How The Breakdown Of Trust With The Police Impacts Black Lives


For many African Americans, tuning into the nightly news and skimming through social media timelines has become an exercise in maintaining psychological well-being. The barrage of videos in which police officers attack and kill black people, along with ongoing discussions about race-based violence, can elicit fears that they, too, may succumb to an officer’s bullet.

As the rest of the world plays catch-up in the aftermath of Mike Brown, Freddie Gray, Jr., Sandra Bland, and most recently Sam DuBose, questions arise among black activists and community leaders about how to best help people of color maintain sanity amid the chaos — even as many of them want to continue tweeting, marching, and fighting to hold the police, courts, and state and federal officials accountable.

D.C.-based entrepreneur and child advocate Muhsin Umar knows that challenge all too well. Umar, who has a history of bipolar disorder and paranoid schizophrenia, said the graphic video of a University of Cincinnati police officer shooting Dubose conjured memories of an officer’s bullet piercing his own shoulder and jaw in the mid-1980s during a jump-out — defined as an instance when undercover officers descend on groups of people without warning, often with guns drawn.

Decades later, he says his mentees remain hopeless about life in the inner city as they experience similar clashes with the police and newcomers for whom new recreation centers and pools are built.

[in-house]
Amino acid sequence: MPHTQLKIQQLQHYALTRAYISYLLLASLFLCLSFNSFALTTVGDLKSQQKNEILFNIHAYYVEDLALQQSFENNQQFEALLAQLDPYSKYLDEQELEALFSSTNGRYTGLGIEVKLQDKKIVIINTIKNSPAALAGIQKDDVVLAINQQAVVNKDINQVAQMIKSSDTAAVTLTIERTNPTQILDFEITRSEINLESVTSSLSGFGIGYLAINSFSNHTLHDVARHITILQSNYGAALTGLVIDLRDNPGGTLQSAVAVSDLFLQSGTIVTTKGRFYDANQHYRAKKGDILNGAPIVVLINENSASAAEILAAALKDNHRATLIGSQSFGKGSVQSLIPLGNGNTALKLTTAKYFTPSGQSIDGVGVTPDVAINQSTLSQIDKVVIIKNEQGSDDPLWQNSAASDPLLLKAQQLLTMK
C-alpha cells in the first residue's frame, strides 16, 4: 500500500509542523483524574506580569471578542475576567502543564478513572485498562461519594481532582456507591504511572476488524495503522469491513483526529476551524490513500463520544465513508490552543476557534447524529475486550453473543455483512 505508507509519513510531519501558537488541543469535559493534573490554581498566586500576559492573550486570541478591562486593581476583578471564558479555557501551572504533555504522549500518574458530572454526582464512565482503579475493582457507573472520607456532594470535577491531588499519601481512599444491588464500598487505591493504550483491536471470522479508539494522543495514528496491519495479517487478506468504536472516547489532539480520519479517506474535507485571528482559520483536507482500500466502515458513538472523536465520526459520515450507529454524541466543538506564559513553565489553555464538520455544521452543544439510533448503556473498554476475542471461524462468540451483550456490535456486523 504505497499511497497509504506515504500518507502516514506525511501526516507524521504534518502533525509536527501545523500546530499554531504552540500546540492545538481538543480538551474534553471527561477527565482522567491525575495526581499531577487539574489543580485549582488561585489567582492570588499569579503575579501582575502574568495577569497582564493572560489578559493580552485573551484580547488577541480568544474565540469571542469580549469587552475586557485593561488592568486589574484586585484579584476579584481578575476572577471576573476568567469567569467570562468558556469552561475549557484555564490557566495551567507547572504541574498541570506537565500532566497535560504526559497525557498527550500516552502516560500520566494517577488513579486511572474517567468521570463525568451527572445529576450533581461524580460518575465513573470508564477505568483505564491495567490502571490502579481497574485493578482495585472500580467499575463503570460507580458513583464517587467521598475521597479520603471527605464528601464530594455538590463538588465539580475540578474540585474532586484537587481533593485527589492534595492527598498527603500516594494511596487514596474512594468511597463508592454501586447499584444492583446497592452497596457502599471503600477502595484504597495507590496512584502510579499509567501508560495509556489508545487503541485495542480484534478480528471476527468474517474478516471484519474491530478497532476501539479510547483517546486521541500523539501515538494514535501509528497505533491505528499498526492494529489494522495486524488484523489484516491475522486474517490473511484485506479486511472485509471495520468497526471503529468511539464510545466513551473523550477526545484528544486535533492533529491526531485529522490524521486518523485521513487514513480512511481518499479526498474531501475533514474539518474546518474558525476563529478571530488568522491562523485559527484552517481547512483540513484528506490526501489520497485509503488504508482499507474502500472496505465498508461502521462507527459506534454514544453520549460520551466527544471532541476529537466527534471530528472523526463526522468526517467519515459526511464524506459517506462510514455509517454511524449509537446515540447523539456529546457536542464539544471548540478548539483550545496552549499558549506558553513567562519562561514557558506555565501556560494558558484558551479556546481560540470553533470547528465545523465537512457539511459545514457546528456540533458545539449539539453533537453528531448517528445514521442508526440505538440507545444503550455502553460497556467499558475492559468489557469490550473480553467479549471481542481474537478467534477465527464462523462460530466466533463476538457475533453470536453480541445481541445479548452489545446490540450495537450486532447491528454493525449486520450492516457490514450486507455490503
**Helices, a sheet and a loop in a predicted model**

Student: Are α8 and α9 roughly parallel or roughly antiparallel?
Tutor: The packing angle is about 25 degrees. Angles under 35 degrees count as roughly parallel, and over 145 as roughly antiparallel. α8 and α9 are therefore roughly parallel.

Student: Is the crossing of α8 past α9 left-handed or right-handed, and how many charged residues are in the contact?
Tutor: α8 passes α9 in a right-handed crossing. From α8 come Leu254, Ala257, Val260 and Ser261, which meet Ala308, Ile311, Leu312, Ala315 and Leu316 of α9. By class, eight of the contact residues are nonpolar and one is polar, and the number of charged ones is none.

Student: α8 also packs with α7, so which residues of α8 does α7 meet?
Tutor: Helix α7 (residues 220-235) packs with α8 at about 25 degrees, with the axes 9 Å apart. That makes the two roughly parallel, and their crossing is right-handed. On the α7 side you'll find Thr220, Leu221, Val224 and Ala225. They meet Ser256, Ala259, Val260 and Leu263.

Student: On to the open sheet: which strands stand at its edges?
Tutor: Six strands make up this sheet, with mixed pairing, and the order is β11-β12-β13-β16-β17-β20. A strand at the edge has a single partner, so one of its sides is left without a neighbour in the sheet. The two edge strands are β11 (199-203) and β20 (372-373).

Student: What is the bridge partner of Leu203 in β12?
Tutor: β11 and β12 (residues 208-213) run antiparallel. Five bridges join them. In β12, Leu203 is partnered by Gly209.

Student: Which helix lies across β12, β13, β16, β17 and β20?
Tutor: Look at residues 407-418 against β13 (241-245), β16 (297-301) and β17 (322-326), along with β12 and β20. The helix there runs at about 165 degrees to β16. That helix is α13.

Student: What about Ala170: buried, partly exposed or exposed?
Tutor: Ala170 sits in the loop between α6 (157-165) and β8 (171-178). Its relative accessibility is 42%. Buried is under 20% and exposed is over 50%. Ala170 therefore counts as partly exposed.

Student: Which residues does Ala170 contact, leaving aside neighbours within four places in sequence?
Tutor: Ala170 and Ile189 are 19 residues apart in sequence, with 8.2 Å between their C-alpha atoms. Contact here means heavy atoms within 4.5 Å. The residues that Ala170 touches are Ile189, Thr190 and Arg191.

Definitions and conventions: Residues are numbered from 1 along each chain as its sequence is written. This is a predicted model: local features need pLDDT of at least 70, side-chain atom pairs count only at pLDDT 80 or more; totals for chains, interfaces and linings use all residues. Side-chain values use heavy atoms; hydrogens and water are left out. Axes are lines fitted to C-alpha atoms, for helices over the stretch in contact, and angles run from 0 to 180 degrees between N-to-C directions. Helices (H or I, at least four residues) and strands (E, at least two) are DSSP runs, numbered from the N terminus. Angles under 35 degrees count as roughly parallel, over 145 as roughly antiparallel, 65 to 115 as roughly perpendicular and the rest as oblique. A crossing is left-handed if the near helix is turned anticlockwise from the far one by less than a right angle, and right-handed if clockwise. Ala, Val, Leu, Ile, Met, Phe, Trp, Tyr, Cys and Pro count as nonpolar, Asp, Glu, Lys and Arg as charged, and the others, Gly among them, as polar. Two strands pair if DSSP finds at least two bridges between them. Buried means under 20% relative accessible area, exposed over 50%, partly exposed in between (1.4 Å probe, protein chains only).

You see it on the news every day and then you go outside where the police corner you for no reason.

“This is genocide. You see it on the news every day and then you go outside where the police corner you for no reason,” Umar told ThinkProgress.


Umar recounted a recent conversation he had with a child who recently transitioned from a juvenile detention center to a halfway house. He said the youngster, reeling from the pressures of incarceration, wanted to escape. Though Umar convinced the young man to do otherwise, he said it reaffirmed the justice system’s power to damage black youth.

“The kids don’t want the police around, whether they’re good or not,” Umar said. “They think the police will kill them anyway so it’s eff them. Look at the most recent case [involving Sam Dubose]. The officer shot him the head and he had on a body camera. What officer can you trust after that? The kids see and hear all of this on social media — ‘hands up don’t shoot’, ‘I can’t breathe’ and other incidents.”